Sunday, October 22, 2006

Preview: American Experience – Test Tube Babies

Tomorrow, October 23rd, PBS stations will air "Test Tube Babies," an episode of the program American Experience, which describes the history of in vitro fertilization (IVF). The documentary includes historical and current footage and interviews with many participants in the development of this breakthrough technology, including researchers, fertility experts, bioethicists, and notable couples who received the treatment in the early stages of its development. It begins with experiments with IVF in rabbits that took place as early as the 1930s, and follows the technology through the birth of the first "test tube baby" in England in 1978 and beyond.

"Test Tube Babies" illustrates the controversy generated by IVF, including public fear of babies who would be born abnormal or as "monsters," the possibility of a slippery slope that would lead to eugenic trait selection, concerns from pro-life advocates about the destruction of embryos, the absence of federal funding for IVF research. This history is particularly relevant today, as similar debates arise on the issue of stem cell research and destruction of fertilized eggs.

The piece includes coverage of the story of John and Doris Del-Zio, who had been helped in creating an embryo by Dr. Landrum Shettles. At the time, the procedure was very controversial and led to the ultimate destruction of the couple's embryo and the firing of Dr. Shettles from Columbia Presbyterian Hospital due to the administration's fears of public scrutiny. The Del-Zios ultimately filed a lawsuit for emotional distress, considering the action the destruction of their baby, and mindful of the potential impact of this public event on the future of IVF.

"Test Tube Babies" also follows the successes in IVF that resulted almost concurrently with the well-publicized Del-Zio case, and the shift in public opinion that followed the births of normal, healthy babies from IVF technology. In fact, the individual who halted the Shettles experiment ultimately went on to open the first IVF clinic in New York. The evolving world of IVF is detailed, including commentary on the questions that faced early researchers with little published evidence to rely upon and the growing public acceptance of the practice. According to the piece, 400,000 IVF babies have been born in America since the nation’s first successful IVF birth in 1981, and there are currently 2 million "test tube babies" in the world.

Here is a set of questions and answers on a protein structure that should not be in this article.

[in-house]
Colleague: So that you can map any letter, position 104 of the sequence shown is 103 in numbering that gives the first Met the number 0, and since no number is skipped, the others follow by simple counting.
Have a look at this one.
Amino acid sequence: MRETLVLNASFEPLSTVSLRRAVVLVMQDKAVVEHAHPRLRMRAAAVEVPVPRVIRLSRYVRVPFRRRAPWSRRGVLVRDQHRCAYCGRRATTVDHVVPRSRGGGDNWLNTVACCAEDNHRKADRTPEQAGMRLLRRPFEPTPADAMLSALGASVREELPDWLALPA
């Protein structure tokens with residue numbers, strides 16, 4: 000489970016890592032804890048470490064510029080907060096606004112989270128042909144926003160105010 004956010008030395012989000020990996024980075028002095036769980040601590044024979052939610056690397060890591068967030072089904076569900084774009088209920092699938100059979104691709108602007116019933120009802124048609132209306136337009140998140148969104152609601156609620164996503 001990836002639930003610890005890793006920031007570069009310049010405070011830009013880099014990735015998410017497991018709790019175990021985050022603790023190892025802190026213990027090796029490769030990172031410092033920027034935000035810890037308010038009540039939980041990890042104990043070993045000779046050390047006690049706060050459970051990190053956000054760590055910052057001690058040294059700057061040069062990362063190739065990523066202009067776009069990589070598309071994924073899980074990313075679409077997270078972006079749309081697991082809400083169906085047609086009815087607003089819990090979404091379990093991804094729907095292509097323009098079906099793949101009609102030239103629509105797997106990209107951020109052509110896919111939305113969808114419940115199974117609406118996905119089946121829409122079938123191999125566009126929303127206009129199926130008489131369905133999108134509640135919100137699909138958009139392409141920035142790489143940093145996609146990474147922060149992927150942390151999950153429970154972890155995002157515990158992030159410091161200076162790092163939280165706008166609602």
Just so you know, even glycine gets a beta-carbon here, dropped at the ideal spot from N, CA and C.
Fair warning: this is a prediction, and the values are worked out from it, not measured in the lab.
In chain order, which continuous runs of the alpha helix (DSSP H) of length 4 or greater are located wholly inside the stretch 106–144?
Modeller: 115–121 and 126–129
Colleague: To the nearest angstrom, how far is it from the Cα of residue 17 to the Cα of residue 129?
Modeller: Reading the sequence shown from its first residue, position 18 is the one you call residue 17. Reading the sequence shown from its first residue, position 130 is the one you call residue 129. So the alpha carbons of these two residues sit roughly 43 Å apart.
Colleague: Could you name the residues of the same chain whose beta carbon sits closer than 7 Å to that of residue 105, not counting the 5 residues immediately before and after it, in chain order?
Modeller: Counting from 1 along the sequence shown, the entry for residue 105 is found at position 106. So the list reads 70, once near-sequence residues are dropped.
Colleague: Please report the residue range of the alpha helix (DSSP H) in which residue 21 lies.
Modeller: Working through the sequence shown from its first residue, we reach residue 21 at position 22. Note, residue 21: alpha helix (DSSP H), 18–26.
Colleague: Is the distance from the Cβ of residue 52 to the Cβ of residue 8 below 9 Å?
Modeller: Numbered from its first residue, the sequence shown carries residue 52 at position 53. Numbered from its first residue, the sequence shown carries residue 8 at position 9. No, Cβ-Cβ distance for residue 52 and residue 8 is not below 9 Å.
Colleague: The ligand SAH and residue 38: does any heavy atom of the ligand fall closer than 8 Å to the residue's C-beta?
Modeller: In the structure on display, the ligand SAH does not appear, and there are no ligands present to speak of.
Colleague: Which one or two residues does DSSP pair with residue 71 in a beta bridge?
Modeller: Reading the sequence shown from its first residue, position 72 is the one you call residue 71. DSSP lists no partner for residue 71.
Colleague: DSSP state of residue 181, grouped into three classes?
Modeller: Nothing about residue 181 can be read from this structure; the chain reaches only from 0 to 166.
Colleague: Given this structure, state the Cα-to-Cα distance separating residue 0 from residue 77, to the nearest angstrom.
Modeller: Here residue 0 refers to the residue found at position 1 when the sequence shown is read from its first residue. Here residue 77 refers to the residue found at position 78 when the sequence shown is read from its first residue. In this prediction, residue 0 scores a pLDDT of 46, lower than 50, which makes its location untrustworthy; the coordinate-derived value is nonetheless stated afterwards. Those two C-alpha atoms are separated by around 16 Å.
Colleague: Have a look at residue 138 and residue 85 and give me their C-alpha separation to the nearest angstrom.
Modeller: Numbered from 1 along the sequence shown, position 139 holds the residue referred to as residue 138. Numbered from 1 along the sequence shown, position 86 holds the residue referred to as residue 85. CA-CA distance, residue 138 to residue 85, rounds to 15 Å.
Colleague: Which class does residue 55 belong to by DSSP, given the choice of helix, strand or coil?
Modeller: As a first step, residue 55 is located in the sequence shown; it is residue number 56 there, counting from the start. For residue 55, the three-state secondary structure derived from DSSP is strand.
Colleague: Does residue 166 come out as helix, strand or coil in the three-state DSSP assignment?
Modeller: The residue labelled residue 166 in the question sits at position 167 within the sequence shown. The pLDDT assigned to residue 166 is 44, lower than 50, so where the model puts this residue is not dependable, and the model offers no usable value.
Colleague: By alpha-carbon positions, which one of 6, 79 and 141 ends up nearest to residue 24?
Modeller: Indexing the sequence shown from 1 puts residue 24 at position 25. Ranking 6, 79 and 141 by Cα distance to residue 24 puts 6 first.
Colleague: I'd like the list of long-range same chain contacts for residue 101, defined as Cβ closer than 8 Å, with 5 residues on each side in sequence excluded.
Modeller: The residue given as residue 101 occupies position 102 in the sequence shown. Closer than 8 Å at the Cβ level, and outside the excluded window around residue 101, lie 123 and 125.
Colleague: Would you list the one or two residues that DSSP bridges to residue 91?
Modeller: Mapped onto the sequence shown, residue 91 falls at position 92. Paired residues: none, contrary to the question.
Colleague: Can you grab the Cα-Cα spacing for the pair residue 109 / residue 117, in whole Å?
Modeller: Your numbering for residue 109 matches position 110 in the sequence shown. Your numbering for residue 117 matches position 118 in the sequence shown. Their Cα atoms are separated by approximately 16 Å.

Overall, "Test Tube Babies" provides an intriguing introduction to IVF and its history. The American Experience "Test Tube Babies" website provides additional related materials, including a timeline of IVF and reproductive technology, profiles of relevant people and events, families' stories, and commentary on ethical issues. Check your local listings for airtimes in your area; online viewing will be available after the documentary airs, as will a transcript.

Thanks to WGBH, producers of American Experience, for provision of an advance copy of this documentary.

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MeSH Tags: Fertilization In Vitro


Blogger Guy Barry said...

Thank you for the comments on test tube babies and ivp.I know we live in a wonder age but am afraid that it will be misused.Here in England Homosexual marriages can apply for and get test tube babies. As a christian it goes against all my beliefs.It is only the mismanagement that I'm against.

9:49 AM  

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